The friary in remote western Kansas that is now home to a disgraced former U.S. cardinal removed from ministry by Pope Francis over allegations of sexual abuse is just one block from an elementary school.
The Archdiocese of Washington, D.C., confirmed in a statement Friday that ex-cardinal Theodore McCarrick is living at St. Fidelis Friary in Victoria, a rural town of about 1,200 that lies more than 400 kilometres west of Kansas City. The Friary is within a block of Victoria Elementary School.
News of McCarrick’s living arrangement took school officials by surprise, the Kansas City Star reported .
“I was never made aware of it until I found out through social media” on Friday, Victoria Elementary Principal Kent Michel said.
McCarrick, 88, was the retired Archbishop of Washington when he was removed from public ministry in June by Pope Francis after allegations that he sexually abused a teenager while a priest in New York more than 40 years ago were found to be credible by the church.
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Bishop Gerald Vincke of the Diocese of Salina, Kansas, who agreed to McCarrick’s new living arrangement, told the Star he was not aware of anyone with the church notifying the school of McCarrick’s presence.
“Regarding the school, Archbishop McCarrick is not allowed to make any public appearances or visit the school or do any ministry,” Vincke told the newspaper in an email. “He is confined to the friary to do penance and prayer. The friary is in the small town in Victoria. The friary is enclosed.”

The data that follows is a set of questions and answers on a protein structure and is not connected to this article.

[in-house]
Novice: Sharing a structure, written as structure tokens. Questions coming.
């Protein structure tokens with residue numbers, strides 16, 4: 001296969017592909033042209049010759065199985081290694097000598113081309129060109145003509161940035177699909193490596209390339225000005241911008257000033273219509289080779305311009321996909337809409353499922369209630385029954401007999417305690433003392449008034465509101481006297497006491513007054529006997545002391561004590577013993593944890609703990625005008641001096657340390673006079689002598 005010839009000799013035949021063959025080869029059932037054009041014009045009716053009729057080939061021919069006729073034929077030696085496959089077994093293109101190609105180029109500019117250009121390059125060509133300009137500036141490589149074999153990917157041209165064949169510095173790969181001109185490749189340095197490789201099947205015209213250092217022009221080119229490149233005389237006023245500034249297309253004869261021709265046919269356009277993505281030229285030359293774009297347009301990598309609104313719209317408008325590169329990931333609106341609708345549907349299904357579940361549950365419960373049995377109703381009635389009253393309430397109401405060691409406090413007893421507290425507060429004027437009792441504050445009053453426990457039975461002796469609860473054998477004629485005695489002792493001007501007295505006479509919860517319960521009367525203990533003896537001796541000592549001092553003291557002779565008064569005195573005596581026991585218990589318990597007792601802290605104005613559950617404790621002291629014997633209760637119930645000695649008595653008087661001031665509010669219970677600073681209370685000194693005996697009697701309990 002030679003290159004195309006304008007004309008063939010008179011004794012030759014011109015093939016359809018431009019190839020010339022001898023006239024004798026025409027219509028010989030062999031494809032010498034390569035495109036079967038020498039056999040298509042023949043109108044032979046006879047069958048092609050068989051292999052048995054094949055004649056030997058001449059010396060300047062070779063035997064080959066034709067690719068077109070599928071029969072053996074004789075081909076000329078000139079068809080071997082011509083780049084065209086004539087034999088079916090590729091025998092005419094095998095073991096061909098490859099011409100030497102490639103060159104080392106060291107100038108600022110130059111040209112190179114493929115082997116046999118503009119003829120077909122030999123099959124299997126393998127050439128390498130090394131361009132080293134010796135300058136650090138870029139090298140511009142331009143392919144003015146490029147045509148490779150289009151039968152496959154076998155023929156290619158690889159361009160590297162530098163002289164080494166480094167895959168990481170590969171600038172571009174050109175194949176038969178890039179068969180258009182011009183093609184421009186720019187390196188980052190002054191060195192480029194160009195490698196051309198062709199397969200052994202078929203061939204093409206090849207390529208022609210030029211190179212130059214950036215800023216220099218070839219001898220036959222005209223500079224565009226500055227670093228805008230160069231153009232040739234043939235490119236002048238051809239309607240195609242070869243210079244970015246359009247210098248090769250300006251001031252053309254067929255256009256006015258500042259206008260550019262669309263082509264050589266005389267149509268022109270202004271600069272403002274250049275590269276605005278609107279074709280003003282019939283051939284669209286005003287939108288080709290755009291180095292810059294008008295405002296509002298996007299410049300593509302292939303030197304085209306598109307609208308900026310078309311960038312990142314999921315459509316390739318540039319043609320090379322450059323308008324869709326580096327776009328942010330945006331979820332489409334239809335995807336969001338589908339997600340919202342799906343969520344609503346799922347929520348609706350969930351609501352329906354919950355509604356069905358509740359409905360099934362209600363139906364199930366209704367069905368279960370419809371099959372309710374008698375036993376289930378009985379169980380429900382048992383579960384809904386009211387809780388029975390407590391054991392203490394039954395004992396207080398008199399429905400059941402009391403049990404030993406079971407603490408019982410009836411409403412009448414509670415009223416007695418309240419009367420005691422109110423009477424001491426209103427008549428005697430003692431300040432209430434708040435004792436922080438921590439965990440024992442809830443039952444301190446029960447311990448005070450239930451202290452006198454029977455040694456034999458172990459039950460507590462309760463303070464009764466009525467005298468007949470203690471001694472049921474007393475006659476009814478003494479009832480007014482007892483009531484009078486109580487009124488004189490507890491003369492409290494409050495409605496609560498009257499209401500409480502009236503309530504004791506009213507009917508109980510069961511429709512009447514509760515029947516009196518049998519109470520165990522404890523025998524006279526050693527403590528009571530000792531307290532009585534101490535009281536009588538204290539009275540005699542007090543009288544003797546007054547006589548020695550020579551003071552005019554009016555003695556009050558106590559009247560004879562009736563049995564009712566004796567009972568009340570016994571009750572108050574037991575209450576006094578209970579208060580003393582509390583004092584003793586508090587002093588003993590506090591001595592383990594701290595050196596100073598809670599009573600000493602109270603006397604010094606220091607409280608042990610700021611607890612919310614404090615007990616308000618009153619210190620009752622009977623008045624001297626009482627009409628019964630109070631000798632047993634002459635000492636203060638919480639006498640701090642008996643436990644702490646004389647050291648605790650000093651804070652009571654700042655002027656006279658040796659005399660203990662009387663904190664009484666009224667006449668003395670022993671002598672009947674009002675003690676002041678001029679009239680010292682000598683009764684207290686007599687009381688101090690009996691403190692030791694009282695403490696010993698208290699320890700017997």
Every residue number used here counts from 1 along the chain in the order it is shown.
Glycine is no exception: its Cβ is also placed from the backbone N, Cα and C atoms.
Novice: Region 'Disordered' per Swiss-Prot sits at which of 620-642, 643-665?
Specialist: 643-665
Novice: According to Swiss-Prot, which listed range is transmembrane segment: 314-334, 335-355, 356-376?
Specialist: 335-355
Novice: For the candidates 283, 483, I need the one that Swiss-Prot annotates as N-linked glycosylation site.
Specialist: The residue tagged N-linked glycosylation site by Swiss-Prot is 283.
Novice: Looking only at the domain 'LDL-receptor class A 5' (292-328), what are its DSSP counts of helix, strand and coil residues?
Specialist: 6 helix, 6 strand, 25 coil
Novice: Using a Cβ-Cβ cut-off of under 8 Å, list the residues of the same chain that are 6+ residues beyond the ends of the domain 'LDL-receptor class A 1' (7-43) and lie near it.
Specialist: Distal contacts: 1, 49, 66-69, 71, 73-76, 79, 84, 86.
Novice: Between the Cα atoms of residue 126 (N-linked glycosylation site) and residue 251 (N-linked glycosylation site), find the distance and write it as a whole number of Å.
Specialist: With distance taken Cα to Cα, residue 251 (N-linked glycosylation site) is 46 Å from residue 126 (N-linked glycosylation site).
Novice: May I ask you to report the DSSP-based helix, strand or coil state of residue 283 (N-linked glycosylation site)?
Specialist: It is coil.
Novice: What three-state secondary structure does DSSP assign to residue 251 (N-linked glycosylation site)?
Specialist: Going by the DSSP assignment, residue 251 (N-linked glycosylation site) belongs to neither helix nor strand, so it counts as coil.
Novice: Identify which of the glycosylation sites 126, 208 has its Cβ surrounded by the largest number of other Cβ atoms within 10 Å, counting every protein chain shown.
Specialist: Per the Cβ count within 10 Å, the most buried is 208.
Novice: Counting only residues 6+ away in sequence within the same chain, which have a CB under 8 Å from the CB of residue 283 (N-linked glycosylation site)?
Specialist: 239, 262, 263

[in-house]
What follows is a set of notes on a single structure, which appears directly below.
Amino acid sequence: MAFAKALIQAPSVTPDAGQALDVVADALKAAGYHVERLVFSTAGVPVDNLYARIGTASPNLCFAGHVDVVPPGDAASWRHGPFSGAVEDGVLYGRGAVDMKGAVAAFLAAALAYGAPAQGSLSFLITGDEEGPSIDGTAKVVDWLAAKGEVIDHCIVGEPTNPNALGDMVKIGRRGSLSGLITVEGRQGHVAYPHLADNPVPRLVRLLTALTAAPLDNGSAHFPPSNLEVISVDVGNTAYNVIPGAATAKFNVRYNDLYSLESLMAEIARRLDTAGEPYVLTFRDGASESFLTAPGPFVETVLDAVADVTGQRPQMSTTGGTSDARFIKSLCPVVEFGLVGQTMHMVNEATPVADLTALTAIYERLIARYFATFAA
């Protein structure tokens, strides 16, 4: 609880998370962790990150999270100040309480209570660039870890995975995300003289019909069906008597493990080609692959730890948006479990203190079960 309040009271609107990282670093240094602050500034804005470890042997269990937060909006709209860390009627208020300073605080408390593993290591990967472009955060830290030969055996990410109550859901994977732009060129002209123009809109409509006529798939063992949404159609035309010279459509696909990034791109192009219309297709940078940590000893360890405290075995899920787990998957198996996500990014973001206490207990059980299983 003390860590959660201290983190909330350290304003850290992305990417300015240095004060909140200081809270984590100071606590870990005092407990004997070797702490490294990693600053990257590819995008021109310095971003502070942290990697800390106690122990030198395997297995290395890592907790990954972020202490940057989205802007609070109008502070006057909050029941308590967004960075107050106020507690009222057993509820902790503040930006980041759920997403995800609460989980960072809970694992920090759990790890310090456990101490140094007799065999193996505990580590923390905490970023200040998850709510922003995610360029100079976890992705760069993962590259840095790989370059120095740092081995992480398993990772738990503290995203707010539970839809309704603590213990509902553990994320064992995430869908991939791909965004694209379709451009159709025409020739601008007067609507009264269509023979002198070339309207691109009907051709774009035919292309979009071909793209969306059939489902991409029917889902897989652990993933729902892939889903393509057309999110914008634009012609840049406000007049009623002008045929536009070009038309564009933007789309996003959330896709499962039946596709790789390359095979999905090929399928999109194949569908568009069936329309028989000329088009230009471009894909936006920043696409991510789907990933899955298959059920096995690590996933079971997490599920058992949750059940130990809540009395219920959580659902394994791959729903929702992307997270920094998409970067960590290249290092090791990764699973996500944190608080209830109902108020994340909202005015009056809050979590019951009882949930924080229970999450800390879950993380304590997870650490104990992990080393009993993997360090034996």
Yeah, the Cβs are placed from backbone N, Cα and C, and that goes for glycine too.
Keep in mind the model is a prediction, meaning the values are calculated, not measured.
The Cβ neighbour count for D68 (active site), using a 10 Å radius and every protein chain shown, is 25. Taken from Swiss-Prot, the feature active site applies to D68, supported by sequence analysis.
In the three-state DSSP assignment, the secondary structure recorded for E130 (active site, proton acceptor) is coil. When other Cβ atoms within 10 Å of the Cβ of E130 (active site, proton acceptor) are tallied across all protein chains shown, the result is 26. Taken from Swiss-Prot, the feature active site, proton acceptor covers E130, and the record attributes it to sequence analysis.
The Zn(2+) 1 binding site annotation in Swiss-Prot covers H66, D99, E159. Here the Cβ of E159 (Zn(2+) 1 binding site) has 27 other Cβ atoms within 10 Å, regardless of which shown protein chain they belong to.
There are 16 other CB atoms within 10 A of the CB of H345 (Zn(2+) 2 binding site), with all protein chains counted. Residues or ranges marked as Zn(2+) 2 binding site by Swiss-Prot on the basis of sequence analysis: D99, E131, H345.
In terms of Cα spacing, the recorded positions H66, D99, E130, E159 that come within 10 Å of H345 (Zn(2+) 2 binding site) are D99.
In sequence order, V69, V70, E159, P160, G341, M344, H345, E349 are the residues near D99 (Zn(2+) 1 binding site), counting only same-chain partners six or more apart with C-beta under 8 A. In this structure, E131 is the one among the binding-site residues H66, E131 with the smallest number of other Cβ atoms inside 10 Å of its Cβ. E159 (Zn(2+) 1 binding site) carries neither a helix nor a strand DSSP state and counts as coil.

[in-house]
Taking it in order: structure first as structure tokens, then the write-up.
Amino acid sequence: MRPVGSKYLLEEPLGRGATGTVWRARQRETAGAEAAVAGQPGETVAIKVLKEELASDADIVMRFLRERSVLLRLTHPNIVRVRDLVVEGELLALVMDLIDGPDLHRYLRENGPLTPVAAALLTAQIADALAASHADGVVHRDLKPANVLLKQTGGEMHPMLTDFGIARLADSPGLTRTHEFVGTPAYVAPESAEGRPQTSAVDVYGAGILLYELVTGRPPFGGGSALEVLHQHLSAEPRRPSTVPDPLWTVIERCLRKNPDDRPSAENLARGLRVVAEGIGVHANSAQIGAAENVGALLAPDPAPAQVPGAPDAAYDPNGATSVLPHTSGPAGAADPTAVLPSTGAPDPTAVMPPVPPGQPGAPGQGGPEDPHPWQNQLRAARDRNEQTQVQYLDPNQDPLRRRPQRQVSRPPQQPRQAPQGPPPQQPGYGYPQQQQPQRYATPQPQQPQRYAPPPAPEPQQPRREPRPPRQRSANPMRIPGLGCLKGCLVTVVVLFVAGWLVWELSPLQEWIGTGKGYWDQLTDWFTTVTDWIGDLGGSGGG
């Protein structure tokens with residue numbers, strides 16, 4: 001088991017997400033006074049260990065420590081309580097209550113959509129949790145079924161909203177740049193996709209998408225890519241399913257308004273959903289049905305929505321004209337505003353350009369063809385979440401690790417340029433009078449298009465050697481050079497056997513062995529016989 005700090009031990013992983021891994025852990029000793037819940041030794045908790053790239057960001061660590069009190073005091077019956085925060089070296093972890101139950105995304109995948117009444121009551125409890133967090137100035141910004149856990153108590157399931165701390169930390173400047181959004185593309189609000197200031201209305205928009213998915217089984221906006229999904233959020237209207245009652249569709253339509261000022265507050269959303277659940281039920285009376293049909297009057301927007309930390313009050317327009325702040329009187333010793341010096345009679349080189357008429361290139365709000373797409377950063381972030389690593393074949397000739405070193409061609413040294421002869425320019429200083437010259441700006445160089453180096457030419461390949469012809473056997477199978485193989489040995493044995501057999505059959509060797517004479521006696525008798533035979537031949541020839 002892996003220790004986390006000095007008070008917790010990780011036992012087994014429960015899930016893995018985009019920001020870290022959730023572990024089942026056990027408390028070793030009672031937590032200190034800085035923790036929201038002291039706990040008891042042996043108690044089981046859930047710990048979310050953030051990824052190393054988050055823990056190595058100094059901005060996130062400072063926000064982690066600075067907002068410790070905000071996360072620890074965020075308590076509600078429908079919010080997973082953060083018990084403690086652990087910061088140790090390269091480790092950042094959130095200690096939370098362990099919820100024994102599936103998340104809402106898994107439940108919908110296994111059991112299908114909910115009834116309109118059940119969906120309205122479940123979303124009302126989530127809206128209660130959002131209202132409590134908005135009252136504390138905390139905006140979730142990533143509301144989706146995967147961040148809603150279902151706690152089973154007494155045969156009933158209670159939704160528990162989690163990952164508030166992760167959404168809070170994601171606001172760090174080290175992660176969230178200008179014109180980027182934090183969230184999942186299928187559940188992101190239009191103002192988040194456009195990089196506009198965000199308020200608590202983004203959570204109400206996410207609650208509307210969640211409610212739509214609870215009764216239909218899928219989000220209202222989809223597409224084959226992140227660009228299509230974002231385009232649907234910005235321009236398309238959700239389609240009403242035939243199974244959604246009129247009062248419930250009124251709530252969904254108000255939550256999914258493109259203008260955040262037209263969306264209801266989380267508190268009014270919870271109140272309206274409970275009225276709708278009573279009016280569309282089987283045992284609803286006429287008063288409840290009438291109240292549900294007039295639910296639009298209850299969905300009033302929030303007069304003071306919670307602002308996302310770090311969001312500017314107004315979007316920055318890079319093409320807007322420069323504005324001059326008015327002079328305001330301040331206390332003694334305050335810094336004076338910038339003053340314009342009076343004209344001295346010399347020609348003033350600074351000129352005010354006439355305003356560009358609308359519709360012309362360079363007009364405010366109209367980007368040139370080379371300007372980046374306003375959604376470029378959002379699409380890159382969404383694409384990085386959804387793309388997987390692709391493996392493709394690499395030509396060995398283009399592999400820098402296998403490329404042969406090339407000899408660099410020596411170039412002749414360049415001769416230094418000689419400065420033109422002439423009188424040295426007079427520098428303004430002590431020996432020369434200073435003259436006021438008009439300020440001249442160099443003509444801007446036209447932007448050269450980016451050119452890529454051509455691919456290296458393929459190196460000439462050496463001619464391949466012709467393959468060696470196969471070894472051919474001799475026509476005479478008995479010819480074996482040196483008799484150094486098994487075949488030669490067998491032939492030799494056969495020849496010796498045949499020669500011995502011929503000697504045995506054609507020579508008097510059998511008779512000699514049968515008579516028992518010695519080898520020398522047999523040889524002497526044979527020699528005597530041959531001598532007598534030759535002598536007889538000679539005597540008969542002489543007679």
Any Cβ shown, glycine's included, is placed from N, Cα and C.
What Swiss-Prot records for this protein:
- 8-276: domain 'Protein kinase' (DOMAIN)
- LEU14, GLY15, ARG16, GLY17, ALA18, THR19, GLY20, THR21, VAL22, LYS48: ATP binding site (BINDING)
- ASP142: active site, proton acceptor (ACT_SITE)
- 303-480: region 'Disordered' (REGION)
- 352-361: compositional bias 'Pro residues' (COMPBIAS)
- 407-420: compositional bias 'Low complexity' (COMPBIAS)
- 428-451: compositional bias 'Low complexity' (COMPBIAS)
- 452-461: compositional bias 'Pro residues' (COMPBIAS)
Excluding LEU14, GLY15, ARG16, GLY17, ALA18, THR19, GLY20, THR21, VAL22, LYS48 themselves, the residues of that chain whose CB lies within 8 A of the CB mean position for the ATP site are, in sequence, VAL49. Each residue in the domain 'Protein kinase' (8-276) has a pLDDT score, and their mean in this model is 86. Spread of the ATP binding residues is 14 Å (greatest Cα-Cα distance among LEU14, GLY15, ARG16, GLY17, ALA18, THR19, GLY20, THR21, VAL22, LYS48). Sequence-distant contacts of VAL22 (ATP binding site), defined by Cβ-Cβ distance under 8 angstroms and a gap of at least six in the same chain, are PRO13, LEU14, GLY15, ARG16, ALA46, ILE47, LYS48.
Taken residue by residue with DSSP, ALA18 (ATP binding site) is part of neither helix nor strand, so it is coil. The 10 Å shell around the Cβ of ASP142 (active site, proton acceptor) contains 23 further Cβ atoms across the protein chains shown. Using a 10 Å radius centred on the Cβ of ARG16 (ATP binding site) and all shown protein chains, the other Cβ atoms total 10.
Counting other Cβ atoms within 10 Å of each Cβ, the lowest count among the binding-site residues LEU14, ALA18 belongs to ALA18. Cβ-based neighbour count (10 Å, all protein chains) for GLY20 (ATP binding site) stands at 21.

The St. Louis-based Survivors Network of those Abused by Priests called the move irresponsible.
“It boggles the mind that church officials are this reckless,” said David Closhessy, the former director of the advocacy group. “No cleric who’s been accused of abuse, certainly not one facing multiple allegations, should be anywhere around kids, especially not an elementary school.”
McCarrick was the Washington archbishop from 2000 to 2006, and previously one of the highest, most visible Catholic Church officials in the United States. He was heavily involved in the church’s response to allegations of priest abuse.
At the time of McCarrick’s June removal, the New Jersey archdioceses of Newark and Metuchen revealed that they had received three complaints from adults alleging misconduct and harassment by McCarrick and had settled two of them.
Pope Francis accepted McCarrick’s resignation on July 28, effectively stripping him of his cardinal’s title, and ordered him to live a lifetime of penance and prayer pending the outcome of a canonical trial.
A month later a former Vatican ambassador, Archbishop Carlo Maria Vigano, rocked the Catholic Church by accusing Francis of rehabilitating McCarrick from sanctions imposed by Pope Benedict XVI over reports he slept with seminarians.
Vigano accused more than two dozen current and former Vatican officials, as well as a host of U.S. bishops and papal advisers, of being part of the coverup and called for Francis to resign over the scandal.
Francis on Saturday asked for daily prayers to protect the Catholic Church from what he says are “attacks by the devil,” in his latest response to the clerical sex abuse and coverup scandal.